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Hero turned victim

Print edition : Feb 27, 2004 T+T-

DR. ABDUL QADEER KHAN'S transformation from a benefactor who provided the nuclear shield to Pakistan and protected it from the "evil eyes" of India to a proliferator who endangered its very existence has been momentous.

Khan, a controversial figure throughout his career, has a fascinating background. Born in Bhopal, Madhya Pradesh, in 1935, he is the son of a teacher. He migrated to Pakistan in 1952. Pro-Islamic and anti-Hindu sentiment constituted the driving force behind his quest to turn Pakistan into a nuclear power.

After studying in the Netherlands and Belgium, he worked at URENCO, a British-German-Dutch consortium engaged in uranium enrichment. There he was accused of stealing centrifuge designs that ultimately paved the way for Pakistan's weapons programme. In 1983, a Dutch court convicted him in absentia for stealing European plans needed to build a plant to produce enriched uranium. A superior court exonerated him of the charges.

Ironically, it is URENCO technology that Khan is suspected of having sold to Iran, Libya and North Korea. It is not clear what motivated him to pass on the secrets to these countries. Motivated leaks in the media point to the greed for dollars.

In the one and only background briefing provided to a select group of Pakistani journalists, persons investigating the scandal said that Khan wanted to divert international attention from Pakistan's nuclear programme and was helping Islamic countries acquire nuclear technology.

Whatever the truth, it is impossible for anyone, at least in Pakistan, to strip him of the title of the "father" of Pakistan's nuclear bomb. The patronage that he enjoyed from the military establishment and the state is evident from the fact that he is the only one in the country to have been decorated with the highest civilian award twice. It is not surprising then that there are few takers for the theory that the Pakistani establishment was innocent of the transfer of technology.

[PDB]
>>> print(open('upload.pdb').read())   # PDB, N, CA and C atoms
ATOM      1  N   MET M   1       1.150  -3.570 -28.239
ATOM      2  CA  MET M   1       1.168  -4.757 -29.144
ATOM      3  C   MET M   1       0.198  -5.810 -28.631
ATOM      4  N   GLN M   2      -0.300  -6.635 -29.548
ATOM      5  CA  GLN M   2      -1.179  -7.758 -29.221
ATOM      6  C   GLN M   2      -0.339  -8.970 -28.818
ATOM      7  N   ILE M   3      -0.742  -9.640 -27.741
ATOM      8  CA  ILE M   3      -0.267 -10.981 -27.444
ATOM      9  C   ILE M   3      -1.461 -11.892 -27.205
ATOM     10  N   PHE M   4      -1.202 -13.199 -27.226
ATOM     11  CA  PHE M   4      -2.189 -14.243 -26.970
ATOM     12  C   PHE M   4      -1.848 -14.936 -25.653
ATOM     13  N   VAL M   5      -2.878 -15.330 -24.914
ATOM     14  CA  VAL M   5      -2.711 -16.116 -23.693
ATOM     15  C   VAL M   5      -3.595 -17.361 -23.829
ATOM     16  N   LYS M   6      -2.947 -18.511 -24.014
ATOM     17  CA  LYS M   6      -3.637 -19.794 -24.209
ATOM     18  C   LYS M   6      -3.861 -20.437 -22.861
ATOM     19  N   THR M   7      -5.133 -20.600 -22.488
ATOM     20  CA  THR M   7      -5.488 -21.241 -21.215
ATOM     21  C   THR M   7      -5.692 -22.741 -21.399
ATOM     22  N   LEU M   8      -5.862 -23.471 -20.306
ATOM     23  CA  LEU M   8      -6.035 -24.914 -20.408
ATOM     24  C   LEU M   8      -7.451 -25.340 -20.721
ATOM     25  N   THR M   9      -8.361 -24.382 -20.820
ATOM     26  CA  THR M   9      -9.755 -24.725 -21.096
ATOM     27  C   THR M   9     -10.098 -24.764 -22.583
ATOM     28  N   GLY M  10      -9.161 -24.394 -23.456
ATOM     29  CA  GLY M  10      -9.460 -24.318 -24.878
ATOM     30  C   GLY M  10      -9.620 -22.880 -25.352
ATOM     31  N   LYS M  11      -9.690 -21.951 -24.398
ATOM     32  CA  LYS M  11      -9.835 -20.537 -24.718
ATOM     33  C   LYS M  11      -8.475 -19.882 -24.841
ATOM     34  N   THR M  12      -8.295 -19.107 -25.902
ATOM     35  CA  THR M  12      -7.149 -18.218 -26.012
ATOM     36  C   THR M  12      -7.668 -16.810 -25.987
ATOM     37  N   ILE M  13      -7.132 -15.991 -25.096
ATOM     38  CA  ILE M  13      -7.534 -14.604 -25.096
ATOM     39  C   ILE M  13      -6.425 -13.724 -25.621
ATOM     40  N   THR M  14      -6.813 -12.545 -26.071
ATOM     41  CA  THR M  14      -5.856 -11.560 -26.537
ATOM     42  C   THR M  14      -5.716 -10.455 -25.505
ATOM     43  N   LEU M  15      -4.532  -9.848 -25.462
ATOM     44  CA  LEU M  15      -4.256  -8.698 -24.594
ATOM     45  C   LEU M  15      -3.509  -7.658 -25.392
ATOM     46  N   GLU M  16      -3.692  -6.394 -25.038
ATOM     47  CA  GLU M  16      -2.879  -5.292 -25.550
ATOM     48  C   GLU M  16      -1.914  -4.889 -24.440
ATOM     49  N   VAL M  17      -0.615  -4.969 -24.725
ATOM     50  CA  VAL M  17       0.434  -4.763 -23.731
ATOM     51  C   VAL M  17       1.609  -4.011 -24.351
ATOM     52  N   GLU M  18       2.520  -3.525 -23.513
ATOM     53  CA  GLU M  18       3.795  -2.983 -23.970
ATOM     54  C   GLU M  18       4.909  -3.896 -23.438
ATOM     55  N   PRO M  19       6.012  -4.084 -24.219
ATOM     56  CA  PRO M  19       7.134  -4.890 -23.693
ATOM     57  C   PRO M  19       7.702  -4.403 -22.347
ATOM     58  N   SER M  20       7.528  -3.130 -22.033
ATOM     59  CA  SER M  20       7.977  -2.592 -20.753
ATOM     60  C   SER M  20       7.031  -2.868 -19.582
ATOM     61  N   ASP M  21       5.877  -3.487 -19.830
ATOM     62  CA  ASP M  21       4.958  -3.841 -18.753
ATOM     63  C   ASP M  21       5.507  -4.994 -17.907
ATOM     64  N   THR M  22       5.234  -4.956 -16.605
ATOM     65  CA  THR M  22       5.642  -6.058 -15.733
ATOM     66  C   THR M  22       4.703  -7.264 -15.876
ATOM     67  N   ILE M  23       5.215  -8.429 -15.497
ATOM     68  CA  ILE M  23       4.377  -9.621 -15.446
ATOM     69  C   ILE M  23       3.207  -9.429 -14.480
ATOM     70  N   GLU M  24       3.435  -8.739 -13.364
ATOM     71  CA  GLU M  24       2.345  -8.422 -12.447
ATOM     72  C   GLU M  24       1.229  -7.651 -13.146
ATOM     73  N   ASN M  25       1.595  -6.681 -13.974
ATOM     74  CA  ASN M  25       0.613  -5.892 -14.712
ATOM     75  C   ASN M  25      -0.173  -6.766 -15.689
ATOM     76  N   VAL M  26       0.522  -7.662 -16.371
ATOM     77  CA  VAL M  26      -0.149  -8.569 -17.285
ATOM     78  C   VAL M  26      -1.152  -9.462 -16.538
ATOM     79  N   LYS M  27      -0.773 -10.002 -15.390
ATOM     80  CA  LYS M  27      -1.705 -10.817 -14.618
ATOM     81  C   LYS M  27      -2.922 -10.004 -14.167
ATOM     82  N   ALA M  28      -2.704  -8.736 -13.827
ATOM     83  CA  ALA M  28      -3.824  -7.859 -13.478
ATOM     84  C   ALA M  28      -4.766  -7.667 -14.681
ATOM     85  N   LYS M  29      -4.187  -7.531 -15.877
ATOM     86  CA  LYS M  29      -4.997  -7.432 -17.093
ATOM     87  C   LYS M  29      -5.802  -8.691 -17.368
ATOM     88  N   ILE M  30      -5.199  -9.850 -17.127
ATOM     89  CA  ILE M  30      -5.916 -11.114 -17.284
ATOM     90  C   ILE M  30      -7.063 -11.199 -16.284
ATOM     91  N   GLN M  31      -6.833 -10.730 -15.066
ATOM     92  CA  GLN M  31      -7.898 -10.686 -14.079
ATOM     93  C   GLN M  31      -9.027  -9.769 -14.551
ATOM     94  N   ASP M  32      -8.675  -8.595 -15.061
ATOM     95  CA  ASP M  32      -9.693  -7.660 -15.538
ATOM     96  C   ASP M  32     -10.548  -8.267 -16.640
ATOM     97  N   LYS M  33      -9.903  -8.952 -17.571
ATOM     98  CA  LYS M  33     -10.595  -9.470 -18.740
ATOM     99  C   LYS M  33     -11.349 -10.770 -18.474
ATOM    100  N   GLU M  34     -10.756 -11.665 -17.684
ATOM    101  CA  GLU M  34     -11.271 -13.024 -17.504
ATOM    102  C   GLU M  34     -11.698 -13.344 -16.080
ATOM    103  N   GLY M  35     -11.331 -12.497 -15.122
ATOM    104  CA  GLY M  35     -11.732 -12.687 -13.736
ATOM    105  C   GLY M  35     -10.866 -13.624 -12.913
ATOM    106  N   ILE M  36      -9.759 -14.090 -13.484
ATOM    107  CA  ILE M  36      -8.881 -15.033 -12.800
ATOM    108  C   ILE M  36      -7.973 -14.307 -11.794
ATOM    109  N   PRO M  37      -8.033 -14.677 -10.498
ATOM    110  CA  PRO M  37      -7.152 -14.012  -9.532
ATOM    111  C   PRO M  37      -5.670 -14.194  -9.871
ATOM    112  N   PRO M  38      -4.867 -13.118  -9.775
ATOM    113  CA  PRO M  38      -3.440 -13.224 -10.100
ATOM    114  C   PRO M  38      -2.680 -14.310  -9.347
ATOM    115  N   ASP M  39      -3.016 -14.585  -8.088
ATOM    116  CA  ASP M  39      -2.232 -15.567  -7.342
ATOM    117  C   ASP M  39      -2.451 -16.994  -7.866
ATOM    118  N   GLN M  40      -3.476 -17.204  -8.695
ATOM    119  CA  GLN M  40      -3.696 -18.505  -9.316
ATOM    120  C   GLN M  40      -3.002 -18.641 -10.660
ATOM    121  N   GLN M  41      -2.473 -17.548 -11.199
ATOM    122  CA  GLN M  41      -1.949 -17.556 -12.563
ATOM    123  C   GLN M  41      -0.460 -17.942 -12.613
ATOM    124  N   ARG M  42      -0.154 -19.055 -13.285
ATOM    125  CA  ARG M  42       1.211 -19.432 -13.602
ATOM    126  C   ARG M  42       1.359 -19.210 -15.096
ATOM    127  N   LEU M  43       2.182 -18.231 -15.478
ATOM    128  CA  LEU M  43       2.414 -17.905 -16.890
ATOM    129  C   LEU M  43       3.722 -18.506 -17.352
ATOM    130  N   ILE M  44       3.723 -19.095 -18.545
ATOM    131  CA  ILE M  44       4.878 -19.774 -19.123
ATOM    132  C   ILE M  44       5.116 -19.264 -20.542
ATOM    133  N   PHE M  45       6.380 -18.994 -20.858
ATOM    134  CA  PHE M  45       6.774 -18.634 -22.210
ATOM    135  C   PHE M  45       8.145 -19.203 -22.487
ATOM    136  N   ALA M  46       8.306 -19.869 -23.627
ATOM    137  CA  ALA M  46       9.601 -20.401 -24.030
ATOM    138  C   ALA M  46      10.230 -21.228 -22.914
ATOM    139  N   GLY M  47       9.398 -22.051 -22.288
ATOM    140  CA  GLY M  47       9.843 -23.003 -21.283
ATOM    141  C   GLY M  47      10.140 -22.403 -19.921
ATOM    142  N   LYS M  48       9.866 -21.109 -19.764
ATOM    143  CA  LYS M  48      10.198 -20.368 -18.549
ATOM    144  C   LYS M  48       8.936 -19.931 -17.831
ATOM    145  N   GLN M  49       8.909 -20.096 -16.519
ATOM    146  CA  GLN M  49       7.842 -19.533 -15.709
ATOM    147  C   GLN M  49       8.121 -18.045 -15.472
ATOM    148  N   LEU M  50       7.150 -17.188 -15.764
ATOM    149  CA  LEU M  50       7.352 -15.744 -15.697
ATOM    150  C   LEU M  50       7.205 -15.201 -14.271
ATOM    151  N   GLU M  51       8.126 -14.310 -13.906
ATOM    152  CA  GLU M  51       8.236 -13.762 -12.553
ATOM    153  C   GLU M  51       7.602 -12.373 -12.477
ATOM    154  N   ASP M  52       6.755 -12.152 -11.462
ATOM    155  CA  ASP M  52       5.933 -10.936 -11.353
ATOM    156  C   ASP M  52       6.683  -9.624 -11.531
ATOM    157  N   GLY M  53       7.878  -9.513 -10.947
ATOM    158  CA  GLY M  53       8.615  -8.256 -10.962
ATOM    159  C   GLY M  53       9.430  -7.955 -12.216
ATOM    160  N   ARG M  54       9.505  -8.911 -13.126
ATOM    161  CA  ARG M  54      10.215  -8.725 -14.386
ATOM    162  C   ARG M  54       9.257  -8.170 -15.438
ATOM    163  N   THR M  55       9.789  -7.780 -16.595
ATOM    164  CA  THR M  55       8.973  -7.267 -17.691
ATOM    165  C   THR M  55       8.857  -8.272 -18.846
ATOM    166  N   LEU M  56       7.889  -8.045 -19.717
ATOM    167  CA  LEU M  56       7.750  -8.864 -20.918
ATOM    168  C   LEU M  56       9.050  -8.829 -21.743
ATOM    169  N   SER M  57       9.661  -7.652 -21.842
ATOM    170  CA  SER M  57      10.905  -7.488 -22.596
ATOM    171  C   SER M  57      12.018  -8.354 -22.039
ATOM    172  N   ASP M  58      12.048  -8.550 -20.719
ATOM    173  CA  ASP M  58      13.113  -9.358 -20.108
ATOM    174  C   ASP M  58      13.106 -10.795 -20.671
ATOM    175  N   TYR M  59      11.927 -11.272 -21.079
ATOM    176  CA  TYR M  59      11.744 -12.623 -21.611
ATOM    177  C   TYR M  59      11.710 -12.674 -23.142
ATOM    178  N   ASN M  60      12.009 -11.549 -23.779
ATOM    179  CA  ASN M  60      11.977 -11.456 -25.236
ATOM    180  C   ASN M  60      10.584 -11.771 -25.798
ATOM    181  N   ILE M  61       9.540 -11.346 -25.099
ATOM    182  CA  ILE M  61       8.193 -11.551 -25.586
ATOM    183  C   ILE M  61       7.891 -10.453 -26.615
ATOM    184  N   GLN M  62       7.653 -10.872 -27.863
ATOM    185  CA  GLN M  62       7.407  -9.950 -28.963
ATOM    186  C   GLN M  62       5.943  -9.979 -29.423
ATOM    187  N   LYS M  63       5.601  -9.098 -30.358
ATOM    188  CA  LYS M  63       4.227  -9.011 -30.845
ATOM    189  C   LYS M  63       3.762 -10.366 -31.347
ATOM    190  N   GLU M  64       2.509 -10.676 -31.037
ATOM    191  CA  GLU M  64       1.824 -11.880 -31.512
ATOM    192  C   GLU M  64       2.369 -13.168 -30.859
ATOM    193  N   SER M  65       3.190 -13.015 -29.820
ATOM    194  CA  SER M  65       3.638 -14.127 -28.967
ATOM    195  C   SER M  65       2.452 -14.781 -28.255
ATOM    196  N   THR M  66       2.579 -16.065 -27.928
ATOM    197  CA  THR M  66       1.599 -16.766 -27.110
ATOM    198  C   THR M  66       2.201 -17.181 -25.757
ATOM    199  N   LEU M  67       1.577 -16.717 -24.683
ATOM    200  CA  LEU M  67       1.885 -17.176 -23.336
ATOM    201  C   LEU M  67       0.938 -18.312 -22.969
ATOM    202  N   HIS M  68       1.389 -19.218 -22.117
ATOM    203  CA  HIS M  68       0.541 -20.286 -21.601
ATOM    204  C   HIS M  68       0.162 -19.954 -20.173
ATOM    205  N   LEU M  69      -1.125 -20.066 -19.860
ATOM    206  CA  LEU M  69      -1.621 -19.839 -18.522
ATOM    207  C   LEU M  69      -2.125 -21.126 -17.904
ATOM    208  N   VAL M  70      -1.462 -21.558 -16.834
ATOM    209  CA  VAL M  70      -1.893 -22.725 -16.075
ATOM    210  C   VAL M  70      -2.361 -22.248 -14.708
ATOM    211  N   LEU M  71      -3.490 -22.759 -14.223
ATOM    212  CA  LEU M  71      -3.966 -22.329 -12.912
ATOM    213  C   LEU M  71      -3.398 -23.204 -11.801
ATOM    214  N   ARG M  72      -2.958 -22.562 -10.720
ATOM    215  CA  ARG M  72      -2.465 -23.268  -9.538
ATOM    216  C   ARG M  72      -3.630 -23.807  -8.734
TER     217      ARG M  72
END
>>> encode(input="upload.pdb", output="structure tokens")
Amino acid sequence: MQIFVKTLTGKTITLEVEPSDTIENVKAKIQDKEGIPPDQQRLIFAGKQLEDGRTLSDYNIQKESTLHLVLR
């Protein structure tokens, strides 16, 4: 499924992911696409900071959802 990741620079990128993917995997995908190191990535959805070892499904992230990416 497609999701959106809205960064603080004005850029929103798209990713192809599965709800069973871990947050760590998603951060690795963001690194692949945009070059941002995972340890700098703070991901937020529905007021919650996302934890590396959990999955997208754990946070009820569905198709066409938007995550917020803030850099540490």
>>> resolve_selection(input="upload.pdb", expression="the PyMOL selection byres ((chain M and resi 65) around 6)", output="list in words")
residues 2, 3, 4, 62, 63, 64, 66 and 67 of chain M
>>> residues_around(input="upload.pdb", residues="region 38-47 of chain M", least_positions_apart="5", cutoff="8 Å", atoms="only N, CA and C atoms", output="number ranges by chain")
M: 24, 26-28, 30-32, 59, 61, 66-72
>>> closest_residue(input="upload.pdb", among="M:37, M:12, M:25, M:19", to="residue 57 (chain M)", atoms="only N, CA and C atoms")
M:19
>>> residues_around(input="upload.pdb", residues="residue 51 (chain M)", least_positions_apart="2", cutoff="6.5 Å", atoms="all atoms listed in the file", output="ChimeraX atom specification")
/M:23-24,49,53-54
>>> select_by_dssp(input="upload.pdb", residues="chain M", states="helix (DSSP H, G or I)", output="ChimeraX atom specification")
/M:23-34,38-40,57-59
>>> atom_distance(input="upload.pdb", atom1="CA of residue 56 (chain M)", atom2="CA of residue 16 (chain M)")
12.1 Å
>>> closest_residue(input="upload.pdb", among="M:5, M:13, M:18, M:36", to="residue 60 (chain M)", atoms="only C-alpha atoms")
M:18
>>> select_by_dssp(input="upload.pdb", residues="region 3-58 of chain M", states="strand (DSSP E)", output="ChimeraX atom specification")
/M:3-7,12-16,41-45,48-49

Trained as a metallurgist, Khan has portrayed himself as a patriot and a pacifist. He described Pakistan's bomb as "a weapon of peace". For him it was the ultimate weapon that would help Pakistan overcome its security concerns arising out of the imbalance in conventional weapons vis-a-vis India.

In 1976, following India's first nuclear test in 1974, Abdul Qadeer Khan was given the task of organising a nuclear programme, when he returned to Pakistan from Europe. He had written to the then Prime Minister, Zulfikar Ali Bhutto, offering his services to give a fitting reply to the Indian explosion. It was that year that Pakistan set up the Kahuta research laboratories near Islamabad in order to establish a uranium enrichment plant that would help it realise its nuclear ambitions. He presided over the organisation until 2001, when President Pervez Musharraf chose to retire him, at the age of 63. He was made an adviser to the government in an attempt to drown protests against a rollback of Pakistan's nuclear programme.

Little is known about Khan's style of functioning or the activities at the laboratory. In the early 1980s, Khan made international headlines when he told Indian journalist Kuldip Nayar that Pakistan was close to making a bomb. Although he denied the interview later, the episode highlighted the clout he had come to acquire within the establishment.

In recent years, he has acquired a large-than-life image in the public eye because of his association with educational and charitable institutions.